National Health Survey Shows More People Using Chiropractic
The October 2005 issue of the Journal of Aging and Health published the results of a health survey that showed that about 40% of people between the ages of 35 and 64 years reported that they use one of several forms of non-medical healthcare for either disease prevention, treatment of ailments, or both. The study grouped all non-medical forms of care into what they referred to as "CAM" (complementary and alternative medicine).
The survey showed that slightly more than a third of all U.S. adults surveyed said they used some form of CAM procedures, including herbs, megavitamins, chiropractic, acupuncture, homeopathy, and yoga. The study also showed that men and women in their 40s and 50s were most likely to use these procedures. Additionally, this usage was geared more toward prevention than toward treatment of any specific condition or problem.
Researcher, Dr. Grzywacz from Wake Forest University School of Medicine and his colleagues wrote, "The results of this study indicate that middle-aged adults are more likely than younger or older adults to use all types of CAM, and that they are less likely than both older and younger adults to use any CAM modality to treat a specific condition."
The study was conducted by analyzing data from 31,044 adult participants in the 2002 National Health Interview Survey. This national sample has been conducted annually since 1957 by the Center for Disease and Control's National Center for Health Statistics.
According to the study, age was a factor in the usage of CAM procedures. It was found that 12.6% of 45 to 54 year olds use chiropractic, massage and similar methods. That number dropped to 8.7% of those in the age group of 18 to 24, and down to only 2.1% of those 85 and older. The authors noted that the use of chiropractic, massage, meditation and yoga also tend to climb through adulthood, but falls off after age 84.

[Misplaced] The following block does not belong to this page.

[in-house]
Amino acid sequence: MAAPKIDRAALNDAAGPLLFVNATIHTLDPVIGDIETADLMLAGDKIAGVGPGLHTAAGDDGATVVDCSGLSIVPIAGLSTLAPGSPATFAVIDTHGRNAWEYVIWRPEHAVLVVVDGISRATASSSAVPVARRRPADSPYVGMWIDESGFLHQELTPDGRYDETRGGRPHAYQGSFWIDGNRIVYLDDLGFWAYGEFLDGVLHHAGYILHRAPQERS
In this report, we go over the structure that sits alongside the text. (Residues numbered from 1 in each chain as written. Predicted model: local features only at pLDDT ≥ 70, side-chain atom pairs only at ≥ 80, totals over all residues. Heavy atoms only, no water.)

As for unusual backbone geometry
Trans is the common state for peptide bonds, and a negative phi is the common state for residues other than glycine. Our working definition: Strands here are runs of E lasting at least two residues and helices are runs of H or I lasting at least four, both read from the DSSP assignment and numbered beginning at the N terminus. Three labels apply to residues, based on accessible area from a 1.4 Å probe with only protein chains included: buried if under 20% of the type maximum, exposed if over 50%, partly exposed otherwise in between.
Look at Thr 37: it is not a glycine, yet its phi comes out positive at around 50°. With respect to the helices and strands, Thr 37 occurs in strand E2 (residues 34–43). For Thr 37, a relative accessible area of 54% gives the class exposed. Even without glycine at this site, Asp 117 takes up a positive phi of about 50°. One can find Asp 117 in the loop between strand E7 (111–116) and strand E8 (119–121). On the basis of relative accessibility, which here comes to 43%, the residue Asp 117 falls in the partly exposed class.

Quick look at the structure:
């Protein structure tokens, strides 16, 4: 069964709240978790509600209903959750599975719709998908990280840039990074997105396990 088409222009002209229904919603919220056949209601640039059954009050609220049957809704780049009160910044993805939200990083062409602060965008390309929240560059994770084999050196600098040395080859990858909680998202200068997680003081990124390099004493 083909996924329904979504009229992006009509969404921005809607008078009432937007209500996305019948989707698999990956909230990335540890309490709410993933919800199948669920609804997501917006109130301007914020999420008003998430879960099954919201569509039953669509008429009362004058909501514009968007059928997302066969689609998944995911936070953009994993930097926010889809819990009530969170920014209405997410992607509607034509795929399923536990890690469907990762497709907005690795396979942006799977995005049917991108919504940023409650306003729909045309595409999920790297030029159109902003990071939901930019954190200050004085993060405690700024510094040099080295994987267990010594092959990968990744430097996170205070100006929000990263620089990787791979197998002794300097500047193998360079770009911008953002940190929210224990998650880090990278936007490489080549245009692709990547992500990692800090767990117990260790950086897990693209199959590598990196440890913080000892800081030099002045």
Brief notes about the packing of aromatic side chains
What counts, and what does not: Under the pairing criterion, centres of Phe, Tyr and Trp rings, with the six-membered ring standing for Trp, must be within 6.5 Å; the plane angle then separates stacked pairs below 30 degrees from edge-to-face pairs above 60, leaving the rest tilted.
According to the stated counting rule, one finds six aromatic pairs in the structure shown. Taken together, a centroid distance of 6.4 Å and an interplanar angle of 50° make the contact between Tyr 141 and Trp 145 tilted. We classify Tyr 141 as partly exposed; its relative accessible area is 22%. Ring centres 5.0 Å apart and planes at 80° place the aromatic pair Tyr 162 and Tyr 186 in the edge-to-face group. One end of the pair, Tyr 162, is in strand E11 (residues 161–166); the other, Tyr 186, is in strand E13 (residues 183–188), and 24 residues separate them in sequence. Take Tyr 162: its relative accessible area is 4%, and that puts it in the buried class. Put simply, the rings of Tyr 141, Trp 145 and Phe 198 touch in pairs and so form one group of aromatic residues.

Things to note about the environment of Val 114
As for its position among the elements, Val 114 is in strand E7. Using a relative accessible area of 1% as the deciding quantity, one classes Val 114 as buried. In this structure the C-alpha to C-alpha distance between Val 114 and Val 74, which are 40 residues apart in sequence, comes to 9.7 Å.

The study was underwritten by a grant from the National Center on Complementary and Alternative Medicine, a division of the National Institutes of Health.
Obesity Surgery Is Much Riskier Than Previously Thought
A study published in the October 19, 2005 issue of the Journal of the American Medical Association (JAMA) revealed that the risks associated with obesity surgery (technically known as bariatric surgery) are higher than previously thought. The study shows that the obesity surgery, which is a very drastic way to lose weight, is far more dangerous and involves considerably higher risks of death than previously thought.
Previous studies showed that the risk of death for this elective surgery was well under 1 percent. This new study shows that among those ages 35 to 44, within one year after surgery, 5 percent of men and 3 percent of women were dead. The study also shows that the risk increases with age. Patients from 65 to 74 who receive this surgery are at a much higher risk. In this age group 13 percent of men and 6 percent of women died within one year after the surgery. The study, involved 16,155 Medicare patients who underwent obesity surgery between 1997 and 2002
University of Washington surgeon Dr. David Flum, lead author of the study noted, "The risk of death is much higher than has been reported." He continued, "It's a reality check for those patients who are considering these operations."
Presently the number of these types of surgeries have been increasing rapidly over recent years. The American Society for Bariatric Surgery predicts obesity surgery will be performed more than 150,000 times this year.
The conclusions of the authors published in JAMA were, "Among Medicare beneficiaries, the risk of early death after bariatric surgery is considerably higher than previously suggested and associated with advancing age, male sex, and lower surgeon volume of bariatric procedures. Patients aged 65 years or older had a substantially higher risk of death within the early postoperative period than younger patients."